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When it comes to choosing the right tequila, people tend to have strong opinions. Whether you’re a tequila expert or a novice learning the spirit’s different classifications, it’s important to understand tequila varieties. To be considered true tequila, the liquor must come from Mexico, specifically the Jalisco state or select municipalities in Guanajuato, Michoacan, Nayarit and Tamaulipas.

Tequila is a type of mezcal, though it lacks the same deep smoky flavor. The main difference between tequila and mezcal, aside from flavor, is that mezcal can be made from any type of agave plant while tequila must be made specifically from blue agave and include at least 51% of the plant’s bulb or piña.

Tequila classifications  depend on how long the spirit has been aged. Here’s a breakdown of tequila’s five types:

Tequila Blanco

Also known as silver tequila, Blanco is an unaged tequila that is bottled right after distillation. Without the aging process, Blanco tequila has a strong agave flavor and lacks the oakiness of longer-aged tequilas, such as Resposado. Tequila Blanco is best used in margaritas and other light, citrusy cocktails. Even a simple tequila and club soda with a lime works well with this variety.

Tequila Joven 

Though similar in taste to Blanco, Joven is a type of tequila that has either been aged for a short period of time or has been mixed with a small amount of aged tequila. Typically, Joven is a combination of Blanco and Reposado. Though there is much debate in the world of spirits around which tequila type is best, Joven tends to be a less favorable option because of the mixing process, but it still works well in margaritas and fruit-heavy cocktails.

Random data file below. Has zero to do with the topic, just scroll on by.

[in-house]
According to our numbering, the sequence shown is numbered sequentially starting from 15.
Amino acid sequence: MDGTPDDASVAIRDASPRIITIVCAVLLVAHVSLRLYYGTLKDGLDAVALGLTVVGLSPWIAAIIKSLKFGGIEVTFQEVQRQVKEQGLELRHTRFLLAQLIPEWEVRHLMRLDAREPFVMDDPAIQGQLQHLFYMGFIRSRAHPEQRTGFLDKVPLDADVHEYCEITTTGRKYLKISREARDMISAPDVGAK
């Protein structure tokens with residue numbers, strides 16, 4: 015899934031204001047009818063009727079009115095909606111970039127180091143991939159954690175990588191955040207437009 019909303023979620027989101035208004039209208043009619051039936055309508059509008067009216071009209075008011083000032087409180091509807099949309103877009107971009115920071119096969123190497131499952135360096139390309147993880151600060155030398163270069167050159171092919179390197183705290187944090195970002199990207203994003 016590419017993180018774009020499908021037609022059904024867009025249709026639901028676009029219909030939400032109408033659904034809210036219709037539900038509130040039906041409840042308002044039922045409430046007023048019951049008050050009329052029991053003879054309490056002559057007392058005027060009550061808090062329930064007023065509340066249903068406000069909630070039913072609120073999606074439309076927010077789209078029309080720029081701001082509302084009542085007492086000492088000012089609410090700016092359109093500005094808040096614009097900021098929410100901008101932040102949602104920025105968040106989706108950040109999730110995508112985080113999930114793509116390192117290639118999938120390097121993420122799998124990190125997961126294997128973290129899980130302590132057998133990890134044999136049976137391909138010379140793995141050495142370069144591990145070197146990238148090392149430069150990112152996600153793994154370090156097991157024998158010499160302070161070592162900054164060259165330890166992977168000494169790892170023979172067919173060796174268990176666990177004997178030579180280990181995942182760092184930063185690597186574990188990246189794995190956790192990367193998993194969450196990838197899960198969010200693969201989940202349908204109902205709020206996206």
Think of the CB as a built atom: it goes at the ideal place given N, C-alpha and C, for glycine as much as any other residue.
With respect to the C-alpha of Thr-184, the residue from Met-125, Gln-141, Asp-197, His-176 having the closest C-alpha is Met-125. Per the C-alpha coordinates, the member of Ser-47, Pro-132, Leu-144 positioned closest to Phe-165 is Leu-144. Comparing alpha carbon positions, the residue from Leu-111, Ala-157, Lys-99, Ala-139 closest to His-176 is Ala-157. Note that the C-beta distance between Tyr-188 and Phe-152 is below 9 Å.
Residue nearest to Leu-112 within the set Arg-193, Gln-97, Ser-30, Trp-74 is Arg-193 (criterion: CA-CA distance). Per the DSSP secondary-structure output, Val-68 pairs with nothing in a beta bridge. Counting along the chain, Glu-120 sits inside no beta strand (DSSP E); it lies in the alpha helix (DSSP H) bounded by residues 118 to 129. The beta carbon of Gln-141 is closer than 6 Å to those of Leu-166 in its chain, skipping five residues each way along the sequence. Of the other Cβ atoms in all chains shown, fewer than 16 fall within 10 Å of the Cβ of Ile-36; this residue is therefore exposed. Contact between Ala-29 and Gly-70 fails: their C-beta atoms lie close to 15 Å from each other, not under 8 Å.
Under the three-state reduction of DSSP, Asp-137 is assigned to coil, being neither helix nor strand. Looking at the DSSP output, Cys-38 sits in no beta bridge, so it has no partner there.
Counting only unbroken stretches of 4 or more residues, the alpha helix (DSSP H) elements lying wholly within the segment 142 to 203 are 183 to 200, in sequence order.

Tequila Reposado

A Reposado is tequila that has been aged between two months and one year. This type of tequila is often placed in American or European oak barrels that previously held whiskey, which gives Resposados notes of oak, vanilla and caramel. As tequila ages for longer periods of time, it begins to take on a darker, brown color. However, this doesn’t mean that Respoado, or any other aged tequila, is considered a “gold” tequila. Gold tequila refers to Mixtos, the most inexpensive type of tequila that is mixed with other types of sugar and usually gets its golden color from added caramel or coloring.

The Resposado variety is widely accepted in the bar community as a preferred type of tequila. The aging process creates a complex but still light flavor, making it perfect for casual sipping over ice or as a unique addition to a cocktail. 

Tequila Añejo

Also aged in American or European oak casks, Añejo tequila sits for at least one year but can be kept in barrels for up to three years, producing a stronger flavor than lesser aged tequilas. For this reason, tequila Añejo is recommended as a spirit to sip neat or use in cocktails that require a darker liquor, such as whiskey, because it tends to retain some of those same deeper, oaky notes.

Extra Añejo

Aged for at least three years, Extra Añejo is more rarely used in cocktails because it possesses a much heavier flavor. This variety of tequila is usually aged in American or French oak barrels. Tequila aficionados prefer to drink Extra Añejo on the rocks because mixing it with other ingredients can dampen the complex flavor. 

Sources: Information for this story came from MasterClass, VinePair.com and Food & Wine.

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